Hamlet, The Social And Psychological Influences On Hamlet Essay, Research Paper
The Social and Psychological Influences on Hamlet
In Shakespeare s Hamlet, the influence of Hamlet s psychological and social states display his dread of death but his need to avenge his father s death. In turn, these influences illuminate the meaning of the play by revealing Hamlet s innermost thoughts on life and death and the effect of religion. Despite the fact that Hamlet s first instincts were reluctance and hesitation, he knows that he must avenge his father s death. While Hamlet is conscious of avenging his father s death, he is contemplating all the aspects of death itself.
Once Hamlet has learned of his father s death, he is faced with a difficult question: should he succumb to the social influence of avenging his father s death? The Ghost tells Hamlet to revenge his foul and most unnatural murder (1.5.31) upon which Hamlet swears to remember (1.5.118). Hamlet s immediate response to this command of avenging his father s death is reluctance. Hamlet displays his reluctance by deciding to test the validity of what the Ghost has told him by setting up a play something like the murder of (his) father s (2.2.624) for Claudius. Hamlet will then observe his looks (2.2.625) and if he do blench (2.2.626) Hamlet will know that he must avenge his father s death. In the course of Hamlet avenging his father s death, he is very hesitant, thinking too precisely on the event (4.4.43). Now might I do it and he goes to heaven No (3.3.77-79) and Hamlet decides to kill Claudius while he is drunk asleep, or in his rage, or in th incestuous pleasure of his bed (3.3.94-95). As seen here, Hamlet s contradicting thought that Claudius goes to heaven (3.3.79) influences him to change his plans for revenge. Hamlet eventually realizes that he must avenge his father s death and states from this time forth my thoughts be bloody or be nothing worth (4.4.69). From this, Hamlet has succumbed to the social influence and has vowed to avenge his father s death.
In this play, Hamlet s psychological influence demonstrates his dread of both death and life. In Hamlet s famous soliloquy, To be or not to be, (3.1.64) he refers the be to life and further asks whether tis nobler in the mind to suffer the slings and arrows of outrageous fortune (220.127.116.11). By this, Hamlet is asking himself the question of whether to live or die. He then further contemplates the question of life or death by stating to live means to suffer the miseries of life. Hamlet then turns to an alternate route by saying, to die, to sleep, (3.1.68) and to die, to end the heartache and the thousand natural shocks that flesh is heir to (3.1.70-71) but the dread of something after death, the undiscovered country from whose bourn no traveler returns (3.1.86-88). Hamlet has now attacked the course of the unknown after death. Through death, Hamlet states the end of the miseries of life but that the dread of after death puzzles the will (3.1.88) and makes Hamlet conceive the future as unknown and therefore makes him dread it.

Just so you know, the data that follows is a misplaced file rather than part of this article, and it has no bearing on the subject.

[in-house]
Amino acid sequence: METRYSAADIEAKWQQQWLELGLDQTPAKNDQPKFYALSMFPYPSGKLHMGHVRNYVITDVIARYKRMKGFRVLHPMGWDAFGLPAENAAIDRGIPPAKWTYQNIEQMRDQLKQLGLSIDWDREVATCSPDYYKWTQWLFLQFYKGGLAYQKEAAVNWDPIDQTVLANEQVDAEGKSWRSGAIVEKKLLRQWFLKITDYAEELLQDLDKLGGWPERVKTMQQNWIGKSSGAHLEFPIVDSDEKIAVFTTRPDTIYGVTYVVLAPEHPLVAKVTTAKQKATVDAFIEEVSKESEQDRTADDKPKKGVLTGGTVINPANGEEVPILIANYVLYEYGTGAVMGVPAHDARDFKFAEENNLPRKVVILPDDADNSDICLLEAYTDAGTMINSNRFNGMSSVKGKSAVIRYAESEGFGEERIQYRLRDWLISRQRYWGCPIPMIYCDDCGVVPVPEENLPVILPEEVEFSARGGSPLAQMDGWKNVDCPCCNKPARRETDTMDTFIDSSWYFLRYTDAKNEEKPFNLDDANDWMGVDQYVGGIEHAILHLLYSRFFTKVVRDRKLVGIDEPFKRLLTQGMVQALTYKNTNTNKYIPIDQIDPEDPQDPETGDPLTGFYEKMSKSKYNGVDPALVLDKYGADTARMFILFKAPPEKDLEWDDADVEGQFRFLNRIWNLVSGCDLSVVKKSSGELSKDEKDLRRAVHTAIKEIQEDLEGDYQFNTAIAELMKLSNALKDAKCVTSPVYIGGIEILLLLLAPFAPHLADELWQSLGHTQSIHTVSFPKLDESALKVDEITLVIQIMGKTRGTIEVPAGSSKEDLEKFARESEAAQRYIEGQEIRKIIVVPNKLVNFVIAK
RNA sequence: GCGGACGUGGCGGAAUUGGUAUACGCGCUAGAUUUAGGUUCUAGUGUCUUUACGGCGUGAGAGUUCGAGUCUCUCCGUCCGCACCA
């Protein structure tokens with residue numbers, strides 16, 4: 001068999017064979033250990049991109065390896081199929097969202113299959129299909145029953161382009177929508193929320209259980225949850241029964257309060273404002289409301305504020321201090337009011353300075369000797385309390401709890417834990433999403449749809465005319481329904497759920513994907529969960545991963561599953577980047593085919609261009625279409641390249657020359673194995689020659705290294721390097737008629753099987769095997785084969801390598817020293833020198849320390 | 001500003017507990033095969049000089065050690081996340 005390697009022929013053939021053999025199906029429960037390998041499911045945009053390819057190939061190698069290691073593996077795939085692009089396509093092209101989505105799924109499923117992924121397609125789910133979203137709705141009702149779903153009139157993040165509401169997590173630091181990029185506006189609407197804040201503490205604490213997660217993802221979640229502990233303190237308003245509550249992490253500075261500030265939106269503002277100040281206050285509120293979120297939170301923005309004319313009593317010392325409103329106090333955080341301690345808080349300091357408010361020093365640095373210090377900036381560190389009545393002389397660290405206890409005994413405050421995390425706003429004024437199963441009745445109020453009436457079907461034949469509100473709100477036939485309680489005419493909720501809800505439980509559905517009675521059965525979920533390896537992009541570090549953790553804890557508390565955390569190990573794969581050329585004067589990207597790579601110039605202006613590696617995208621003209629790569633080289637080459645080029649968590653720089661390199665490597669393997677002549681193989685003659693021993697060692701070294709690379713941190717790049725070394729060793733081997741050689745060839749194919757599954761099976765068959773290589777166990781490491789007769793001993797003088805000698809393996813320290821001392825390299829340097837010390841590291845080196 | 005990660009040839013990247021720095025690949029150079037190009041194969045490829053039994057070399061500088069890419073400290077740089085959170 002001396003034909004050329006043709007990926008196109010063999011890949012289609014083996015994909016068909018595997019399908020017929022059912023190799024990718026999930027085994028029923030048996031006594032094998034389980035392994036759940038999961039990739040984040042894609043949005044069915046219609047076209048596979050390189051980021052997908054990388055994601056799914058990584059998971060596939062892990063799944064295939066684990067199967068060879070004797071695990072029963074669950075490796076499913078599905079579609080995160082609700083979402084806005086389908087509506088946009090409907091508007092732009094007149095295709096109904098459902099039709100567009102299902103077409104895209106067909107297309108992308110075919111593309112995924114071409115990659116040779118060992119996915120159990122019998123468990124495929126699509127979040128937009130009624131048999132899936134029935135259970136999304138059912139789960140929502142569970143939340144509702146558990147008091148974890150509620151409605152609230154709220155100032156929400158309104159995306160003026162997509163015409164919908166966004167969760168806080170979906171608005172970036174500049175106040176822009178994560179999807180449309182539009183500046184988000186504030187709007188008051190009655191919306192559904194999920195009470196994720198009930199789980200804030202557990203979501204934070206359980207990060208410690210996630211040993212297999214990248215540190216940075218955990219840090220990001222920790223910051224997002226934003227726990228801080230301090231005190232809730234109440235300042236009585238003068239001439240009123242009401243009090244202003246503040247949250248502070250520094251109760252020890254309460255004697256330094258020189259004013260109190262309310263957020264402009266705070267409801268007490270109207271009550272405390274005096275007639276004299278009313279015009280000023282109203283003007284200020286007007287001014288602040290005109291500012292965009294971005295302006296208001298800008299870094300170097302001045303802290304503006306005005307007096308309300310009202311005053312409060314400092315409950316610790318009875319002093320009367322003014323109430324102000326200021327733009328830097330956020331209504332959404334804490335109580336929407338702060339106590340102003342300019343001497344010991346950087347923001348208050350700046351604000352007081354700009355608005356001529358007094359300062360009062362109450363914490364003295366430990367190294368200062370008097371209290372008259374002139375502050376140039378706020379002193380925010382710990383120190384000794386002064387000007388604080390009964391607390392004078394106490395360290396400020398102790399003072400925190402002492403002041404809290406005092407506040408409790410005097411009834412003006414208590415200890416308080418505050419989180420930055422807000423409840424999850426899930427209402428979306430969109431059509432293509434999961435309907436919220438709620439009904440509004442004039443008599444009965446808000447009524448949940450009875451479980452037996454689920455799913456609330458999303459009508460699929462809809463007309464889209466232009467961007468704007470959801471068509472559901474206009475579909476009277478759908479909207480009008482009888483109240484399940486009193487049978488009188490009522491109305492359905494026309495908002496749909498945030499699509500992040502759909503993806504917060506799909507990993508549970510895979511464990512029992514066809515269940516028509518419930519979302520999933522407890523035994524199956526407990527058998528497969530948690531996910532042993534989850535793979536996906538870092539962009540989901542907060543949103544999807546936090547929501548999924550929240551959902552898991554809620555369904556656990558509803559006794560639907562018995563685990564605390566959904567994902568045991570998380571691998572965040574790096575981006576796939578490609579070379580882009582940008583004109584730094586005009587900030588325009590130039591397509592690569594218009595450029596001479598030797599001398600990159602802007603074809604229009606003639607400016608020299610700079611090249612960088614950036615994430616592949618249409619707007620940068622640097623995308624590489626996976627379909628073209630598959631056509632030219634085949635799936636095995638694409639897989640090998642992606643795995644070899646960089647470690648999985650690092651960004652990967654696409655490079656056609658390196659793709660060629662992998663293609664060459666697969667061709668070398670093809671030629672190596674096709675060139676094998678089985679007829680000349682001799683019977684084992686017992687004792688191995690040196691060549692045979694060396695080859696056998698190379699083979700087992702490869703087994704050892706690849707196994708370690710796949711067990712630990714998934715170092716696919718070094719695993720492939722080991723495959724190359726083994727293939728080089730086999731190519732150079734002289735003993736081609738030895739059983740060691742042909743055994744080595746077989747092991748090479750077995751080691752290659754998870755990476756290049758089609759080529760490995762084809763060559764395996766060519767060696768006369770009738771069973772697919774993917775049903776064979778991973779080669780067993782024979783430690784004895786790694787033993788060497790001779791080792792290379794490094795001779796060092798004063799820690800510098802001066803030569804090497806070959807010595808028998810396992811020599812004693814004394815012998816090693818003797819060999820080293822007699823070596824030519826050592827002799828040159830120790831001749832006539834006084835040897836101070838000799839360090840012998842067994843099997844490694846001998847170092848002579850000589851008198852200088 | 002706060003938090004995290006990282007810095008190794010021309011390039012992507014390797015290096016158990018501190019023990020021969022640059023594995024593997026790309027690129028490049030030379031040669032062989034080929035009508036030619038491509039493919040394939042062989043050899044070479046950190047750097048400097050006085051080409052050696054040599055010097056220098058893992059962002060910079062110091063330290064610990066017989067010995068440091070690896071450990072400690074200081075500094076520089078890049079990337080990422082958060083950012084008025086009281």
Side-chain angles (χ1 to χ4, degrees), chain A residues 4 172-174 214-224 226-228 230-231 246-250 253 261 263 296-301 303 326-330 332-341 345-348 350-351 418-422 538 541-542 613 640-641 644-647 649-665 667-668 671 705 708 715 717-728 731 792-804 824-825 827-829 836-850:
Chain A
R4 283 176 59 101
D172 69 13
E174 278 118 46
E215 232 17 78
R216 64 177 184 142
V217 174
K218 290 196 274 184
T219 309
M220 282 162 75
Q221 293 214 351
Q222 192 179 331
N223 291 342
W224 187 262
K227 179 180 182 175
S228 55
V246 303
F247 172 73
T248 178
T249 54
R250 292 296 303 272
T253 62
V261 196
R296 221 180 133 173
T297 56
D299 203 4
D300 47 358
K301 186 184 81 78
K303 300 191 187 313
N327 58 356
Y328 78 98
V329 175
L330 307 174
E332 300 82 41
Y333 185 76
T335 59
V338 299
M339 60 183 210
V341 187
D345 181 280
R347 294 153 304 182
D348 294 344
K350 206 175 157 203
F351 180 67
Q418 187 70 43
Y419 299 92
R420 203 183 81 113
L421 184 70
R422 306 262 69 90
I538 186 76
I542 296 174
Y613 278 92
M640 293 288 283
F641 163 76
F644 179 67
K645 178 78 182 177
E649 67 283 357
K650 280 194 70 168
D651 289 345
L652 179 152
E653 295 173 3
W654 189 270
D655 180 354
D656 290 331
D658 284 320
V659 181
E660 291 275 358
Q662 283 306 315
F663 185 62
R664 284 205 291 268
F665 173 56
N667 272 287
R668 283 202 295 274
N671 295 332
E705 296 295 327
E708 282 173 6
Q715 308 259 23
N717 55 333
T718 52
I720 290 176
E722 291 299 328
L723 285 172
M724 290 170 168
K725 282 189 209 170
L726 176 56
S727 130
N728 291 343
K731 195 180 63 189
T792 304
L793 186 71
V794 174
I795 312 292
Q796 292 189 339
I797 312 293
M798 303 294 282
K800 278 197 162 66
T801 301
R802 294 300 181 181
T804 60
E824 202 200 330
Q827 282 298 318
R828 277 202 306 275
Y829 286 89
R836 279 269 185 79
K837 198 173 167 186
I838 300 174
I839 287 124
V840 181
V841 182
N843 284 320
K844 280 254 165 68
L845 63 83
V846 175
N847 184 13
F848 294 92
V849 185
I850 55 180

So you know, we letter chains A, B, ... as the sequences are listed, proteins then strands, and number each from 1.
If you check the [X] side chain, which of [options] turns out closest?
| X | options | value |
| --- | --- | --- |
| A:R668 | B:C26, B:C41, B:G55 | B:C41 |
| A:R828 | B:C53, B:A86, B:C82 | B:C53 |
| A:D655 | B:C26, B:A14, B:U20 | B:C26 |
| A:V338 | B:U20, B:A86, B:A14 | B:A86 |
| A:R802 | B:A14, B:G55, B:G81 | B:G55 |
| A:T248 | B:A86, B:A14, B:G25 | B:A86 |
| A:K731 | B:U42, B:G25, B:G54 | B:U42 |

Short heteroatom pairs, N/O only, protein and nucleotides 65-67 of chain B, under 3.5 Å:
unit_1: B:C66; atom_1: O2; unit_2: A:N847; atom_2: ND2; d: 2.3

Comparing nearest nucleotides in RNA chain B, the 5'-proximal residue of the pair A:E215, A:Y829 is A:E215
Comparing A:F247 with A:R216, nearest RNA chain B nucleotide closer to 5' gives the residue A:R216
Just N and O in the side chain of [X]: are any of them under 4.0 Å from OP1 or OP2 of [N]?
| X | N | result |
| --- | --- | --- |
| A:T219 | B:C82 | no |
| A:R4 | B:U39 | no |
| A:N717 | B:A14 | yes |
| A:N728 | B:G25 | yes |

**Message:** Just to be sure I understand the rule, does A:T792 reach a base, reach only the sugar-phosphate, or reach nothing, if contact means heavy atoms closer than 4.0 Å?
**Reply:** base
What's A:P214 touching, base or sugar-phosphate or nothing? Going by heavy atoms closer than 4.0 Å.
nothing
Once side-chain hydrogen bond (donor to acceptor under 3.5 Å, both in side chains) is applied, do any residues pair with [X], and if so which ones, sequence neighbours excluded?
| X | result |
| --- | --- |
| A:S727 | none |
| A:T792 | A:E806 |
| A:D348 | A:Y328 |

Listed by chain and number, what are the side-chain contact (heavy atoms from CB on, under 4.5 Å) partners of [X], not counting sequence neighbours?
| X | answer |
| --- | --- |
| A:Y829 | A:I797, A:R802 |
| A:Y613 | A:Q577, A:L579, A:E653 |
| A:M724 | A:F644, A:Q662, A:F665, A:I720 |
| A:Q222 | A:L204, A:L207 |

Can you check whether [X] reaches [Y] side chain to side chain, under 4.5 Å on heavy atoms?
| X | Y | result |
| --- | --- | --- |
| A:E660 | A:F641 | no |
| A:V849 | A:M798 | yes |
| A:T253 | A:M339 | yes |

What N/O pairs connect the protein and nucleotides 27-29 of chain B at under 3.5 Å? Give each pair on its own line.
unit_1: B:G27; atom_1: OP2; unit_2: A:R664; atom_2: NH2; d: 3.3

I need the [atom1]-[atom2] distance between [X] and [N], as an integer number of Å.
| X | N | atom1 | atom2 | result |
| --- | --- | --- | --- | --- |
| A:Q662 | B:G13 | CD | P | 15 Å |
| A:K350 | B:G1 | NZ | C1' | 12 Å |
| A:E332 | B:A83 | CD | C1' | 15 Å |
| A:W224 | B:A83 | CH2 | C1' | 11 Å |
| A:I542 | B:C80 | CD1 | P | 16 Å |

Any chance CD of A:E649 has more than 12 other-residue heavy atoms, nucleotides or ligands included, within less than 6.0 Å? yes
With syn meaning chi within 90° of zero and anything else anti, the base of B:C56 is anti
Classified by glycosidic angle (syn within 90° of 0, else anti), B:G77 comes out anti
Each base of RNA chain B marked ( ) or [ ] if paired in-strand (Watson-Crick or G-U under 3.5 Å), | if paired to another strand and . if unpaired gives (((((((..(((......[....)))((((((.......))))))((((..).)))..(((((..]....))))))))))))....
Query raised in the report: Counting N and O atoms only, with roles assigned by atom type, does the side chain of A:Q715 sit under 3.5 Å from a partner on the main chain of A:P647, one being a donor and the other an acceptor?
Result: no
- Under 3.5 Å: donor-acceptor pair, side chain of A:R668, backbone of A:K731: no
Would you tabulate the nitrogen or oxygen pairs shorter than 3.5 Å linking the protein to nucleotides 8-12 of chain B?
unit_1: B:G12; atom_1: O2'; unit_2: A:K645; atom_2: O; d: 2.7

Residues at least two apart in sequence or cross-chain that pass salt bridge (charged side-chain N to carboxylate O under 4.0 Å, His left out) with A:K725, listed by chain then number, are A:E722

Hamlet s psychological and social influences illuminate the play by revealing his true feelings on life and death. Hamlet s psychological influences display the miseries of living life but his dread of death and more so his dread of the unknown after life. Meanwhile his social influence is compelling him to bring death upon Claudius, which Hamlet himself dreads. These influences together illuminate Hamlet s character, showing that he really does not want to avenge his father s death. If Hamlet really wanted to avenge his father s death, he would not think too precisely on the event (4.4.43). These influences also illuminate another aspect the play. During this time period, everybody was Christian. Christians see revenge as a sin and
think it is wrong to take the law in to your own hands, which is what Hamlet does by deciding to avenge his father s death. Hamlet s dread of death is further more illuminated by the thought of heaven and hell (2.2.623). If Hamlet sins, by avenging his father s death, he will go to hell. Consequently, if Hamlet chooses to not avenge his father s death, he will go to heaven, dishonoring his father s command. In this tragedy, Hamlet is pulled in conflicting directions by two compelling influences.
His psychological influence is directing him to dread the unknown after life while his social influence is directing him to avenge his father s death by killing Claudius. Together, these two influences help to illuminate the play by displaying Hamlet s true feelings of life and death and the effects of religion.